Last week I met with a client to help them redesign their sales presentation. When I arrived, I found the board room table strewn with materials–graphs and pictures and data–and everyone was eager to assemble all of it into a winning presentation. But it quickly became clear that nobody at the table really understood the difference between brand and message.
It was important they understood the difference so we could talk the same language and because a solid communications strategy pivots around the two. I’ll explain.
Your brand is your corporate personality. That is, everything from how the telephone is answered to what kind of Christmas party your company has.
Your brand is more than the logo. It is the company–how employees perceive it, how company leadership understands it, how the world understands it and the way you want it to be understood.
Think of your brand as a person. How would you describe that person? What is its story? What are its attributes, image, values and voice? If you can describe all that, you understand your brand. If you can’t, you have work to do.
But I’m not finished yet.
A well conceived brand is based on positioning in the market. Positioning is always in relation to other brands and traditionally stated as “the x for y who want z” as in “the dish soap for women who want softer hands” or “the hotel for businesspeople on the go”.
Any good consultant will tell you to find a position that is:
- available–nobody else is using it
- sustainable–you can maintain your positioning over time
- defensible–you can prevent others from matching you
- expandable–you can use it to expand into new markets and products in the future.
There’s a lot more to know about positioning, but for this brief blog entry, suffice it to say that once you have your positioning, you need to develop it by determining the brand communication points.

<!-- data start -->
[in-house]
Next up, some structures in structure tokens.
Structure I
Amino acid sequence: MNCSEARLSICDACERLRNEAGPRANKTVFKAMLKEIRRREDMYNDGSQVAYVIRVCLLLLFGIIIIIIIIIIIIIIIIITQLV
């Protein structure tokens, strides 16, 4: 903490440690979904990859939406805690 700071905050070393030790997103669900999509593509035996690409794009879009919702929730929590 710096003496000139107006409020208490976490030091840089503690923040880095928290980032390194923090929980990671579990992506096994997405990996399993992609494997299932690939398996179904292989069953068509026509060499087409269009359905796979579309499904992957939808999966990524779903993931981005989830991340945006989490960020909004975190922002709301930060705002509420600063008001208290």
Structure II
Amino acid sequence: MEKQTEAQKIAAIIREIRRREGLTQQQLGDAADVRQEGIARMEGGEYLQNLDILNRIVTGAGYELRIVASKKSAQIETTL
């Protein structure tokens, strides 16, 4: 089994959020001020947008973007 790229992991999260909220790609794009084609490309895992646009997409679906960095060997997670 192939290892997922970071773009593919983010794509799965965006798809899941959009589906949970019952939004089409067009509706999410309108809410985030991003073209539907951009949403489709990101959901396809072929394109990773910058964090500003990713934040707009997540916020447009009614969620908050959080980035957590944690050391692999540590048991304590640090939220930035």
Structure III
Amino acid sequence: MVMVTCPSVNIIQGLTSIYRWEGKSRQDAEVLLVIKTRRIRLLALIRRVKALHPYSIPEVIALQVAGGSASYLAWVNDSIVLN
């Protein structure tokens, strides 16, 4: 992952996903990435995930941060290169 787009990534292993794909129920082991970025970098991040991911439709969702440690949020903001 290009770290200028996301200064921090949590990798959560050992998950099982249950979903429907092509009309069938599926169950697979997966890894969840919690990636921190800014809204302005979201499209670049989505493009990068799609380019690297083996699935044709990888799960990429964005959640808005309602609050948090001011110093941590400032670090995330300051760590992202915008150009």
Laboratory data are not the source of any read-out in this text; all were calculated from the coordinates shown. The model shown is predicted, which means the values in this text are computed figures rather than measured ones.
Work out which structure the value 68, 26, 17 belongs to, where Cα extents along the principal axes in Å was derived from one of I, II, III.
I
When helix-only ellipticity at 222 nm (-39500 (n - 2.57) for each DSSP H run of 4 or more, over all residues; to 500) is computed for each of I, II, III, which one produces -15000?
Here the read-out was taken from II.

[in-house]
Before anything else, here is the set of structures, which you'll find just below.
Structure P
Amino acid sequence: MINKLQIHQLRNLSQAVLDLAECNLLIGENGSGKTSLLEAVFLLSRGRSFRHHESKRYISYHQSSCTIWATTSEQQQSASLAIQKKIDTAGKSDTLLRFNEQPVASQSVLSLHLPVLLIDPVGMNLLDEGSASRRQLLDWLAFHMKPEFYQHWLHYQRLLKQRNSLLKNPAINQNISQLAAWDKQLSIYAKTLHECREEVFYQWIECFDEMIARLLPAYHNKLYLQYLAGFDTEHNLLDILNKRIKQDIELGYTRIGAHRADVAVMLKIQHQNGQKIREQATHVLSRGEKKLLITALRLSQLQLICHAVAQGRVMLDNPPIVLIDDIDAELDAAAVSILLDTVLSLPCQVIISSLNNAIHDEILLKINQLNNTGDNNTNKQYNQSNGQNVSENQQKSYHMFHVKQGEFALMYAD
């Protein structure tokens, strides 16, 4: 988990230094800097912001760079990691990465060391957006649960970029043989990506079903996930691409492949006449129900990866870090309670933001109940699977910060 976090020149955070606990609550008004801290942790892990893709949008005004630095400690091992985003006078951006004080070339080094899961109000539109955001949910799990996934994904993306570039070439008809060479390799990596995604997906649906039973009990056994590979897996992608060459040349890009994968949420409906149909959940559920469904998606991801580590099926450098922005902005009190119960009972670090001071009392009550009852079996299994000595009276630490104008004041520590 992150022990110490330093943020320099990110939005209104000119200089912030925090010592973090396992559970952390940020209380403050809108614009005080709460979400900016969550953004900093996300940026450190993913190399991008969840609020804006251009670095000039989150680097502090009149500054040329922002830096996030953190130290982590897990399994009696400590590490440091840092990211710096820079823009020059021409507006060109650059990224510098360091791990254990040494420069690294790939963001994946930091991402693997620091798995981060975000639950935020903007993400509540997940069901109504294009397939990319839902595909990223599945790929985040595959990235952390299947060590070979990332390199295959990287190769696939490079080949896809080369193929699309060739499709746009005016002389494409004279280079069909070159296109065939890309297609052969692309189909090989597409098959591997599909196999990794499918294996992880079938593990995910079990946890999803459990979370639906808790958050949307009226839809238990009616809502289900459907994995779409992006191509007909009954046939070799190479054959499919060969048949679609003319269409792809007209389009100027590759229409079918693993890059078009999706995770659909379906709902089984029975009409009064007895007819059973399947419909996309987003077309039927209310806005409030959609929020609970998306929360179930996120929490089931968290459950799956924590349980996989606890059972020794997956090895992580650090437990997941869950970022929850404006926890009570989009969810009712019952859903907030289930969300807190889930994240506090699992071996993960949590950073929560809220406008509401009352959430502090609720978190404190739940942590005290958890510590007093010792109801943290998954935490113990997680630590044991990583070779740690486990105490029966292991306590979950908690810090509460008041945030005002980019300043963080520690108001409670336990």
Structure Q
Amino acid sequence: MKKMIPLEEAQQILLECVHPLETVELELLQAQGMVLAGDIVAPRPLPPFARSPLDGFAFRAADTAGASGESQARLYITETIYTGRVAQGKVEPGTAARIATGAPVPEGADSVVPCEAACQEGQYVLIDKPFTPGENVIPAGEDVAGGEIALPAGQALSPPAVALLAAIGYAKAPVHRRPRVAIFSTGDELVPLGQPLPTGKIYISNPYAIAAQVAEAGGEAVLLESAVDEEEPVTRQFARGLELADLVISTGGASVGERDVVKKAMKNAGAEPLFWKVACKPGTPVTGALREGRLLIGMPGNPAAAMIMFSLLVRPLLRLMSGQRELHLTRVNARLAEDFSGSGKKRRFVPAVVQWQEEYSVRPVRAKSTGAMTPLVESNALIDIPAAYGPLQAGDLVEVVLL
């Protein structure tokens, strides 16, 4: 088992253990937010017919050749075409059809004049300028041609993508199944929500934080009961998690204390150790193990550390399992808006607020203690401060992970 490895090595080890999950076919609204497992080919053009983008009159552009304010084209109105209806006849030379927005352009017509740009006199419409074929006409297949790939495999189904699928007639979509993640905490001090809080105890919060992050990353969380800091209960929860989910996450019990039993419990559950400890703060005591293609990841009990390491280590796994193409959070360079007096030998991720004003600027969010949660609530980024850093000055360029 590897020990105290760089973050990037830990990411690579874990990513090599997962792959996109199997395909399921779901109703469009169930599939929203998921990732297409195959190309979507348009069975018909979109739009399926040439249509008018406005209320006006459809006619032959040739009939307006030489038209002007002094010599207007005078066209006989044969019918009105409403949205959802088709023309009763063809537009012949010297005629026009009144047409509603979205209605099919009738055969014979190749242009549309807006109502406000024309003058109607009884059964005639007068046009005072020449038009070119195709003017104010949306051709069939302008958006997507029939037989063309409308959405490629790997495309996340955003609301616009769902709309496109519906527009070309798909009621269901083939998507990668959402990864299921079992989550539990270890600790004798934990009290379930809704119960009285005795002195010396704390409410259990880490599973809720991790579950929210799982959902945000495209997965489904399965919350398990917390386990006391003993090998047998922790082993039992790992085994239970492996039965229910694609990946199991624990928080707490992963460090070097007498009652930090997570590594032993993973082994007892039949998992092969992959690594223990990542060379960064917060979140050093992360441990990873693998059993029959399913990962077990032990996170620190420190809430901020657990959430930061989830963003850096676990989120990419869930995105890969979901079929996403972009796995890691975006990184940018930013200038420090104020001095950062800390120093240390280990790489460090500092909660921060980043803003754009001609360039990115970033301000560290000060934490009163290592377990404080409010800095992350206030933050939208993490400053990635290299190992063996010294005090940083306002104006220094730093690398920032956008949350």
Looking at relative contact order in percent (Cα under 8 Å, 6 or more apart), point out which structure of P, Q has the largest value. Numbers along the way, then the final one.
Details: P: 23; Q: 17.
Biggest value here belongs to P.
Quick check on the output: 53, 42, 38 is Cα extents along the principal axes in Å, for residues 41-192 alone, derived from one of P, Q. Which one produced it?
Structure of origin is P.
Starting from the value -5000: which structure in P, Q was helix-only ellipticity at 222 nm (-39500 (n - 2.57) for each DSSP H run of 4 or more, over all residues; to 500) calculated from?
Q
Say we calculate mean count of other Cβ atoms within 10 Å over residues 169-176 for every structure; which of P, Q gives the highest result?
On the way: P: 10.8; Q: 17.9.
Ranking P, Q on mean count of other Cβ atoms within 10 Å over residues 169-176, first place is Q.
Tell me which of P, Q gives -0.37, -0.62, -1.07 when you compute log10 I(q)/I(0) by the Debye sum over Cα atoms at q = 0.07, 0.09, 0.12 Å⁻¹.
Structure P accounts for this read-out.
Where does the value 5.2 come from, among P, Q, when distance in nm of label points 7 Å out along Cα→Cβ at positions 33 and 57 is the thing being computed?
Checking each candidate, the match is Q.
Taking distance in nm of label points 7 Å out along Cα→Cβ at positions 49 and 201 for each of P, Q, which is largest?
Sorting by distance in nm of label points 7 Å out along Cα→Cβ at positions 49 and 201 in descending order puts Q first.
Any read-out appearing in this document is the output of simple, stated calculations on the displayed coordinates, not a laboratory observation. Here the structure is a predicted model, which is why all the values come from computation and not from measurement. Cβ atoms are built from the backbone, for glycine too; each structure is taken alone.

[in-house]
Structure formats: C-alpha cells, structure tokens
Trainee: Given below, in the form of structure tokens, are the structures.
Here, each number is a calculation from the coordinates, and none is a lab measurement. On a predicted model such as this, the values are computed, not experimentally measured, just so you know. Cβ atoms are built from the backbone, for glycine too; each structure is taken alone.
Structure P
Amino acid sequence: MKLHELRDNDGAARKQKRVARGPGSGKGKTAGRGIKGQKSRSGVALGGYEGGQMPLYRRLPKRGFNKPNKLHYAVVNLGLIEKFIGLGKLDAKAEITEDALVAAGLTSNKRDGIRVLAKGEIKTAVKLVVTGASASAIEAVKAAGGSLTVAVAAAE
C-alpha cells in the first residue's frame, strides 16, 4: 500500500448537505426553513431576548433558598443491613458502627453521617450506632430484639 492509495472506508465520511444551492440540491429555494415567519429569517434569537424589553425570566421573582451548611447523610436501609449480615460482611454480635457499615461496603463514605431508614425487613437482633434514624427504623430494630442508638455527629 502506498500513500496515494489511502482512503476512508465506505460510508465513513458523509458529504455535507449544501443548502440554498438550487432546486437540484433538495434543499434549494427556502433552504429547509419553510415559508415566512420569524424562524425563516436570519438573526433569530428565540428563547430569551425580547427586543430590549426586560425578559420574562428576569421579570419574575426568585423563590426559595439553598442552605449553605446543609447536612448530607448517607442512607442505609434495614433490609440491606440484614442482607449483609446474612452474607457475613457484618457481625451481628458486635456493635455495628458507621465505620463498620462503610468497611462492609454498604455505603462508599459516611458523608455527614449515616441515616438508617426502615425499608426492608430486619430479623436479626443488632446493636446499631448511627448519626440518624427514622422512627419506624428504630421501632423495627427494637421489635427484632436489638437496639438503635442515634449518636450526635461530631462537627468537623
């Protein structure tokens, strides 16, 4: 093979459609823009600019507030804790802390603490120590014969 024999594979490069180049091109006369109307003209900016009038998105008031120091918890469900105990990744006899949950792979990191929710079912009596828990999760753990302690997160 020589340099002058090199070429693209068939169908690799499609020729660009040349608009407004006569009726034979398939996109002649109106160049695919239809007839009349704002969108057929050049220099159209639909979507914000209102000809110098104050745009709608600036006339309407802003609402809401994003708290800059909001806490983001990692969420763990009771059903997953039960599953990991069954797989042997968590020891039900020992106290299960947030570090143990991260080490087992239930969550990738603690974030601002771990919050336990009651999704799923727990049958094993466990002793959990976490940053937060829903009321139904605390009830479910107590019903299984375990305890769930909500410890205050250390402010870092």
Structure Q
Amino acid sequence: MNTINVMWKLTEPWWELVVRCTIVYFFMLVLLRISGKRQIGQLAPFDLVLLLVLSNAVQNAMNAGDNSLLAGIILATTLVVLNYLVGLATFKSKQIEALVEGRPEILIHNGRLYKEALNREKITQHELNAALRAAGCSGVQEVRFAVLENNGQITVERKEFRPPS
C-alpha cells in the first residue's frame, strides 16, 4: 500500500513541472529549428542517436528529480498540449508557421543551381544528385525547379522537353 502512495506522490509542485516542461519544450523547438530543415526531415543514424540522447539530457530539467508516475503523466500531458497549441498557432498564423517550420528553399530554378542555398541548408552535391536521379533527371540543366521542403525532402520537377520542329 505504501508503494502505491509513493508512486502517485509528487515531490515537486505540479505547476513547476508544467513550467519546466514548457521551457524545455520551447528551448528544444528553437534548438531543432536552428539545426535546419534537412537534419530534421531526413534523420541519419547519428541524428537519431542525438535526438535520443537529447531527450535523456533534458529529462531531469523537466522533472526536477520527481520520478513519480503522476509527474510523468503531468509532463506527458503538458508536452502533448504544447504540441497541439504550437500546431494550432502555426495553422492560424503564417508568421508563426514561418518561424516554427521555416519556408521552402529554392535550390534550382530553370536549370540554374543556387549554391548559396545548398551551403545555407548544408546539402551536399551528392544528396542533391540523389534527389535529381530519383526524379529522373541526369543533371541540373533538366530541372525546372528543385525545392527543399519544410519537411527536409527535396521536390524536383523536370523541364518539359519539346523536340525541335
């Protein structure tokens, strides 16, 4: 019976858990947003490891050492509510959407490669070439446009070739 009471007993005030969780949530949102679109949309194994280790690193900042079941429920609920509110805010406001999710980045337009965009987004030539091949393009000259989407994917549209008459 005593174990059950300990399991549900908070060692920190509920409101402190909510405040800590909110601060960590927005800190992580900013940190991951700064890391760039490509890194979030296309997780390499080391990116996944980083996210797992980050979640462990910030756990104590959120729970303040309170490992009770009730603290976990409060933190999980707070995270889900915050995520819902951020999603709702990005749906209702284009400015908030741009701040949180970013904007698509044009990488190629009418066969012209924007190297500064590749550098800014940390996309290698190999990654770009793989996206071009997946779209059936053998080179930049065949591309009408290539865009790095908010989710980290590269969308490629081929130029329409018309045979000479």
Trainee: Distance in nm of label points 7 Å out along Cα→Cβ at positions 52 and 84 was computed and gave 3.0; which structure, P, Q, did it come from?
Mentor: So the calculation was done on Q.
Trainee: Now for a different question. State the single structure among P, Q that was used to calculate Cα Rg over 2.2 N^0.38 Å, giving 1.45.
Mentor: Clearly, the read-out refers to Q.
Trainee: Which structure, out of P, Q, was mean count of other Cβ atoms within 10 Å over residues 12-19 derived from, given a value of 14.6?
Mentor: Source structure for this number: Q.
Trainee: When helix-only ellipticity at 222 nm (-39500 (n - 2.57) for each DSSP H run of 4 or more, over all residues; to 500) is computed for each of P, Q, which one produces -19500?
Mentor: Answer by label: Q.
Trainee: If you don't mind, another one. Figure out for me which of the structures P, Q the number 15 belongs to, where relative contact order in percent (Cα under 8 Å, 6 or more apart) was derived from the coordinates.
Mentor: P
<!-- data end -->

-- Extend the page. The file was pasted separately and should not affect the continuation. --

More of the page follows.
Communication points should be limited and consistent. In other words, exactly what do you want and need to convey? Choose descriptive words carefully. Think in terms of your positioning and your target market.
I like to refer to McDonalds as a good example of a company with a strong brand and clear message. If I asked you to tell me about McDonalds, you could probably tell me a lot–whether or not you are a fan. You know their position in the marketplace. For example, they are inexpensive and don’t compete with gourmet restaurants. You’d also know they are good corporate citizens, that they like the color yellow and that speed and cleanliness are important to them. In fact, you could probably tell me lots more, but I’ve made my point: you have a vivid perception of the McDonalds brand.
And even if you’ve never stepped across a McDonalds threshold, you know their message too. It’s something like: at McDonalds you can feed your family decent food at a reasonable price.
When you plan your sales presentations, keep your brand’s communication points in mind. Discard any information that is not on-position and that does not differentiate you from your competitors. Eliminate all the excess detail and market bumph–unless it is on point and conveys the brand personality you want your audience to understand.
Once you’ve accomplished that, be sure your message is clear.
Your message is your brand promise to the world. A strong message is based on the brand attributes, positioning, image and voice and it is said as a statement of fact.
What is your message? When you present, don’t make your audience guess. Say it! State your message early and often–to differentiate yourself from the compeition and win.